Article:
Lewis Strange Wingfield

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Lewis Strange Wingfield (1842–1891) was an Irish traveller, actor, writer, and painter.

Lewis Strange Wingfield, 1861 photograph

Life[edit]

The third and youngest son of Richard Wingfield, 6th Viscount Powerscourt, by his wife, Lady Elizabeth Frances Charlotte, eldest daughter of Robert Jocelyn, 3rd Earl of Roden, he was born on 25 February 1842, and educated at Eton College and Bonn University. He was intended for the army, but gave up the career at the request of his mother, after her second marriage to Frederick Stewart, 4th Marquess of Londonderry the Marchioness of Londonderry. He then had many occupations.[1][2]

Actor[edit]

On 21 August 1865 Wingfield was at the Haymarket Theatre Roderigo to the Othello of Ira Aldridge, the Iago of Walter Montgomery, and the Desdemona of Madge Robertson. He had previously played in the burlesque Ixion (F. C. Burnand). Reputed adventures were going to the Epsom Derby in blackface, spending nights in workhouses and pauper lodgings, and becoming an attendant in a lunatic asylum and prison.[1][2]

Journalist[edit]

During the Franco-Prussian War Wingfield went to Paris, where he stayed through the siege, attending the wounded and qualifying as a surgeon. During the siege he communicated by balloon and otherwise with The Times, the Daily Telegraph, and other newspapers. After returning to London he went back to Paris immediately on hearing of the Paris commune, and remained there until its suppression by French troops.[1]

Artist[edit]

Having taken a house, No. 8 Maida Vale, with a large studio attached, Wingfield concentrated on painting, and became a member of the Royal Hibernian Academy. Between 1869 and 1875 he exhibited four domestic scenes at the Royal Academy, and one at the Suffolk Street Gallery. He planned during his stay in Paris for a panorama of the siege to be exhibited in London, and forwarded to England designs executed by various French artists. The failure of an American financier brought the scheme to nothing.[1]

Theatrical designer[edit]

After abandoning painting, Wingfield took to designing costumes for the theatre, and was responsible for the dressing of Shakespearean revivals, including Romeo and Juliet at the Lyceum Theatre for Mary Anderson, and Antony and Cleopatra at the Princess's Theatre for Lily Langtry. For a time Wingfield contributed theatrical criticisms to The Globe newspaper, as "Whyte Tyghe".[1]

Traveller, and last years[edit]

Wingfield was one of the first Britons to journey into the interior of China, in 1880, visiting Hong Kong, Fuzhou, Shanghai, Suzhou, Tianjin with side trips. He went on to Tokyo, and brought home a life-size figure of a mounted Japanese soldier in armour.[1][3]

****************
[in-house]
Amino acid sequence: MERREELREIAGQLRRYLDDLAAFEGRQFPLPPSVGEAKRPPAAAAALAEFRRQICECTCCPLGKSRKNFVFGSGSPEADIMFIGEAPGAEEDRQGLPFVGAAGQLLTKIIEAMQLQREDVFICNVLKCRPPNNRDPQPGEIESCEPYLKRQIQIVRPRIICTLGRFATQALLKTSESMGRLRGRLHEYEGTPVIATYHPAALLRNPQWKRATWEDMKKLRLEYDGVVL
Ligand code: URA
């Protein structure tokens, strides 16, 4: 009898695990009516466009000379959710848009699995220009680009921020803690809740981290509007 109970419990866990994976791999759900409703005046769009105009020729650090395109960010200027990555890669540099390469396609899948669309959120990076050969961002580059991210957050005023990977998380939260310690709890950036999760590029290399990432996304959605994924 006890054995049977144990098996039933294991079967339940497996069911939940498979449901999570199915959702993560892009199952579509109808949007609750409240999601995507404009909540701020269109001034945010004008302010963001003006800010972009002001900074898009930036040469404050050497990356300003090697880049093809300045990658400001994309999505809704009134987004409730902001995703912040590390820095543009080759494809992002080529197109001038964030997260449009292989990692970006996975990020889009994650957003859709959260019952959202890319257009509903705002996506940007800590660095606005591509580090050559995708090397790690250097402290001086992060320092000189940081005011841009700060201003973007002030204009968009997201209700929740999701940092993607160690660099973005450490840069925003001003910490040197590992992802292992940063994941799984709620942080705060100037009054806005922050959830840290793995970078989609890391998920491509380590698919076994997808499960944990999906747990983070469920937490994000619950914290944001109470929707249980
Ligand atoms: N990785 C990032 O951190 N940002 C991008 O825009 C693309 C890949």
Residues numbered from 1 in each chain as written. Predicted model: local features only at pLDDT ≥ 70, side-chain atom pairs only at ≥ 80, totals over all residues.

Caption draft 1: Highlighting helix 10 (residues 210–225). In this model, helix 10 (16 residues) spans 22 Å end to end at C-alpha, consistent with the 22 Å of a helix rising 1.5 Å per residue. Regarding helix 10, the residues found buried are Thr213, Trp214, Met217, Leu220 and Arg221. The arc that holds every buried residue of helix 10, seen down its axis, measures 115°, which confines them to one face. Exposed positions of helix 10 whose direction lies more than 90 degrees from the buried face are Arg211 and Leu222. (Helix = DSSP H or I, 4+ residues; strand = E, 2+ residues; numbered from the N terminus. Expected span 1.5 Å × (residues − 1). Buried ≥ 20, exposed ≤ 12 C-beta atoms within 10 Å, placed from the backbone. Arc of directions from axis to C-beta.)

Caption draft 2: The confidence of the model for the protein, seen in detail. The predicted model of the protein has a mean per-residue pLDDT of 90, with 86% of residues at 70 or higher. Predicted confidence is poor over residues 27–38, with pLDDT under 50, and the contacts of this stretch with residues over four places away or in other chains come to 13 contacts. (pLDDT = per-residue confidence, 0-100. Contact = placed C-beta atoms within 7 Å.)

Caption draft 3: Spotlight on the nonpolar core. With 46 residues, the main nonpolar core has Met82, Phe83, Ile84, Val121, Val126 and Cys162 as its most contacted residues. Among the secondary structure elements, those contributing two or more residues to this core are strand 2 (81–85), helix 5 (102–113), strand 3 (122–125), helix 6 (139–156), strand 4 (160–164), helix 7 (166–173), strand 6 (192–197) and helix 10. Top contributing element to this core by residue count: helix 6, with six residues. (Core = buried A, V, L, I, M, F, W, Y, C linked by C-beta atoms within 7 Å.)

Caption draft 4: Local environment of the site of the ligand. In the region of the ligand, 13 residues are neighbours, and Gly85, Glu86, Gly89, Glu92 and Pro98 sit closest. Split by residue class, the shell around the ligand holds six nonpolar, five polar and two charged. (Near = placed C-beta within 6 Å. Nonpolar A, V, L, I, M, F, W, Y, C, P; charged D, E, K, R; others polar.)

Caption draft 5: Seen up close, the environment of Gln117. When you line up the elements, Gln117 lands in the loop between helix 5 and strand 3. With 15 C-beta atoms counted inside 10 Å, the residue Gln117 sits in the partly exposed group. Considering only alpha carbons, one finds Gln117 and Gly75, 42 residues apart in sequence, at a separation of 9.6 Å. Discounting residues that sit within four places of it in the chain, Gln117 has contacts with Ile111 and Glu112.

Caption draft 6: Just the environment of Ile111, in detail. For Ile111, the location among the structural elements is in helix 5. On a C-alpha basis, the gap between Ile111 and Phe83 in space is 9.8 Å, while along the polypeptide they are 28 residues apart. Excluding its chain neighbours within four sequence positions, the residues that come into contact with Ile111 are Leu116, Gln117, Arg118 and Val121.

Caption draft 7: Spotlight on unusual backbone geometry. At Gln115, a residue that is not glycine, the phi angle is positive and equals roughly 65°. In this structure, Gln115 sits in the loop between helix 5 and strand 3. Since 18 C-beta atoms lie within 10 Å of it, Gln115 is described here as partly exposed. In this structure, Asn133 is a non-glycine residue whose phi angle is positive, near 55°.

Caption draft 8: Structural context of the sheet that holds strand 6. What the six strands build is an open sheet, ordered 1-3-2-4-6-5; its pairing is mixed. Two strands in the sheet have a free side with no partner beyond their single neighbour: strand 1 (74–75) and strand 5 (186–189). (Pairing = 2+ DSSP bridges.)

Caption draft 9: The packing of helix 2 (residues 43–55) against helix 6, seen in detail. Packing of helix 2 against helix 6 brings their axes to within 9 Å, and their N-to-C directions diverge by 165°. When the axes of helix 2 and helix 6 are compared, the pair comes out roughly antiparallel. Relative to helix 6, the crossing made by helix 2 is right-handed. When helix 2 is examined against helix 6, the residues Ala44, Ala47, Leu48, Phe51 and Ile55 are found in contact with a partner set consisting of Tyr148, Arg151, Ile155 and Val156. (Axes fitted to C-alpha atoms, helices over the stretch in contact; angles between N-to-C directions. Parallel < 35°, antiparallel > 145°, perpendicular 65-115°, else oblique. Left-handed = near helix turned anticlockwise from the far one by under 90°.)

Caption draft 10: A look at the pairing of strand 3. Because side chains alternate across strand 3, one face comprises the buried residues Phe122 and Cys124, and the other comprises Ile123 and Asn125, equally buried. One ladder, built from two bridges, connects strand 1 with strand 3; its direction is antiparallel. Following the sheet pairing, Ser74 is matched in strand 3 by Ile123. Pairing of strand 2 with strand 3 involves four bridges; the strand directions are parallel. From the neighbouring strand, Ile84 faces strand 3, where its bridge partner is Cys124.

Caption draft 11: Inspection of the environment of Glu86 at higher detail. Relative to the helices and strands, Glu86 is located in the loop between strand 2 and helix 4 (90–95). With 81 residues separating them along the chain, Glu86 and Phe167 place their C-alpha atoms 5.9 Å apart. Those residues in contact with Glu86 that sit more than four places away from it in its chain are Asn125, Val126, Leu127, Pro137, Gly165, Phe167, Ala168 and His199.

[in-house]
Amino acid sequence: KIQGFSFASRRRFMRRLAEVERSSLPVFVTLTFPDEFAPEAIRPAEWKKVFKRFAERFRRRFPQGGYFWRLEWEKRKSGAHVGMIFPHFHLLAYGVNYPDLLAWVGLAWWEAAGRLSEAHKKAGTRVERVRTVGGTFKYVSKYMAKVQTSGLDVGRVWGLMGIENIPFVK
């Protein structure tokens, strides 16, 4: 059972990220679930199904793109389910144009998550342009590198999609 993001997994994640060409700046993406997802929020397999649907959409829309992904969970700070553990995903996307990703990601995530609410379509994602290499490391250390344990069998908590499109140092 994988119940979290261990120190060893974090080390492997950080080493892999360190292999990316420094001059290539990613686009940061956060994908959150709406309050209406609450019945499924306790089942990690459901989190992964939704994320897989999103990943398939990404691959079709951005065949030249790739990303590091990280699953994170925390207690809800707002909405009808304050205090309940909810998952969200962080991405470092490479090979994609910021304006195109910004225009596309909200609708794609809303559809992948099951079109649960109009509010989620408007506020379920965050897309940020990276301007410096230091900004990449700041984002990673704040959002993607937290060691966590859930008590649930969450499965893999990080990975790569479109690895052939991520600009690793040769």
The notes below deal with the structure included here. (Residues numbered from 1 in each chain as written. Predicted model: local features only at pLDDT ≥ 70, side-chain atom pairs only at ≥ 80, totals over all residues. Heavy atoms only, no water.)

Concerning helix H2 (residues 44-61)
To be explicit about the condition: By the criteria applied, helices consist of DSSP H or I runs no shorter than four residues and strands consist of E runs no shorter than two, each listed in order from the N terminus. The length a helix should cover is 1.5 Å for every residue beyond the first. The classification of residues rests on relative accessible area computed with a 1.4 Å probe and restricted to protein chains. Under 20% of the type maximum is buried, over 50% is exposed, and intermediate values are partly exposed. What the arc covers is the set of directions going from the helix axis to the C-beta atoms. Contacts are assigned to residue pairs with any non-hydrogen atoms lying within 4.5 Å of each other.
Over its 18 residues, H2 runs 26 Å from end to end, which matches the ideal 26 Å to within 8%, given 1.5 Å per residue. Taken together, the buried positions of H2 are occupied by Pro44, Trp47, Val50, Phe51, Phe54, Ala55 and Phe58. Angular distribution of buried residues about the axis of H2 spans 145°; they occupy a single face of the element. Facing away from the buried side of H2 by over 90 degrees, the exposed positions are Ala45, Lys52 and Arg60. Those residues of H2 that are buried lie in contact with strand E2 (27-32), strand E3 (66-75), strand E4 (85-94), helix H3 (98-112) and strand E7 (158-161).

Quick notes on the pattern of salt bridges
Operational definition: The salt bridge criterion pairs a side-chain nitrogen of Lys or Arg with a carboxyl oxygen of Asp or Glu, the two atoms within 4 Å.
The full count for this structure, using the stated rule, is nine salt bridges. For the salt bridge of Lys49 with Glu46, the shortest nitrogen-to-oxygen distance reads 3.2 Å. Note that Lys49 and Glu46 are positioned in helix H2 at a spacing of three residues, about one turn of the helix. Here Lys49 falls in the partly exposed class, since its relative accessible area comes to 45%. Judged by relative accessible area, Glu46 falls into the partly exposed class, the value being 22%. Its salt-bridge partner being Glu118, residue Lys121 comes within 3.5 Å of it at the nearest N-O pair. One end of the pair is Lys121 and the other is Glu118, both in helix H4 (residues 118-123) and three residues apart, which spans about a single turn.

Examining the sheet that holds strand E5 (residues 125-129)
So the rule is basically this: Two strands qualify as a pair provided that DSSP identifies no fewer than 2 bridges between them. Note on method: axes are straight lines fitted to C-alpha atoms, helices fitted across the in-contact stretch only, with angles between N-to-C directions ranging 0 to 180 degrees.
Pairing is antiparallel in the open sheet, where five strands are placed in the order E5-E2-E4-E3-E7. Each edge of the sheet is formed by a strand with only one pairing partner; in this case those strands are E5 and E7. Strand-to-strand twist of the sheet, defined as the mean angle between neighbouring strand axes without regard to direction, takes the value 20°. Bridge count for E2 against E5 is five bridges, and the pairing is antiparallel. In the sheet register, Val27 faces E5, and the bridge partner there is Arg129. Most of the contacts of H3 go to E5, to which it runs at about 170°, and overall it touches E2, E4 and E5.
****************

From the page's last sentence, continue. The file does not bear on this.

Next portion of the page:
Wingfield also worked as a war correspondent, embedded with the military staff. He joined the British Army in the Sudan in 1884, but was then long in hospital in Egypt, and never quite regained his health. He voyaged to Australia; and died at 14 Montague Place, London (where he had moved from Mecklenburgh Square), on 12 November 1891, and was buried in Kensal Green cemetery.[1]

Works[edit]

Wingfield's first published work was Under the Palms in Algeria and Tunis, 1868, 2 vols. For Helena Modjeska he adapted Schiller's play Mary Stuart, produced at the Royal Court Theatre on 9 October 1880. He also wrote some unacted dramas. He published in various literary genres (some of these works reached second editions):[1]

  • Slippery Ground, a novel in 3 vols., appeared in 1876;
  • Lady Grizzle: an Impression of a momentous Epoch, 1878, 3 vols.;
  • My Lords of Strogue: a Chronicle of Ireland from the Convention to the Union, 1879, 3 vols.;
  • For Good or Evil appeared in Eros; Four Tales, vol. i. 1880;
  • In Her Majesty's Keeping, 1880, 3 vols.;
  • Gehenna, or Havens of Unrest, 1882, 3 vols.;
  • Abigail Rowe: a Chronicle of the Regency’ 1883, 3 vols.;
  • Notes on Civil Costume in England, 1884;
  • Barbara Philpot: a Study of Manners, 1886, 3 vols.;
  • Lovely Wang: a Bit of China, 1887;
  • The Curse of Koshin: a Romance, 1888;
  • Wanderings of a Globe-trotter in the Far East, 1889; and
  • The Maid of Honour: a Tale of the Dark Days of France, 1891, 3 vols.

Wingfield was also responsible for Her English Dress, lectures issued by the International Health Exhibition, 1884.[1]

Family[edit]

Wingfield married, on 16 June 1868, Cecilia Emma, fourth daughter and fifth child of John Wilson Fitzpatrick, 1st Baron Castletown.[1]

Notes[edit]

  1. ^ a b c d e f g h i j  Lee, Sidney, ed. (1900). "Wingfield, Lewis Strange". Dictionary of National Biography 62. London: Smith, Elder & Co. 
  2. ^ a b Gilliland, J. "Wingfield, Lewis Strange". Oxford Dictionary of National Biography (online ed.). Oxford University Press. doi:10.1093/ref:odnb/29738.  (Subscription or UK public library membership required.)
  3. ^ Nicholas Murray (4 June 2009). A Corkscrew is Most Useful: The Travellers of Empire. Little, Brown Book Group. pp. 194–8. ISBN 978-0-7481-1150-3. 
Attribution

External links[edit]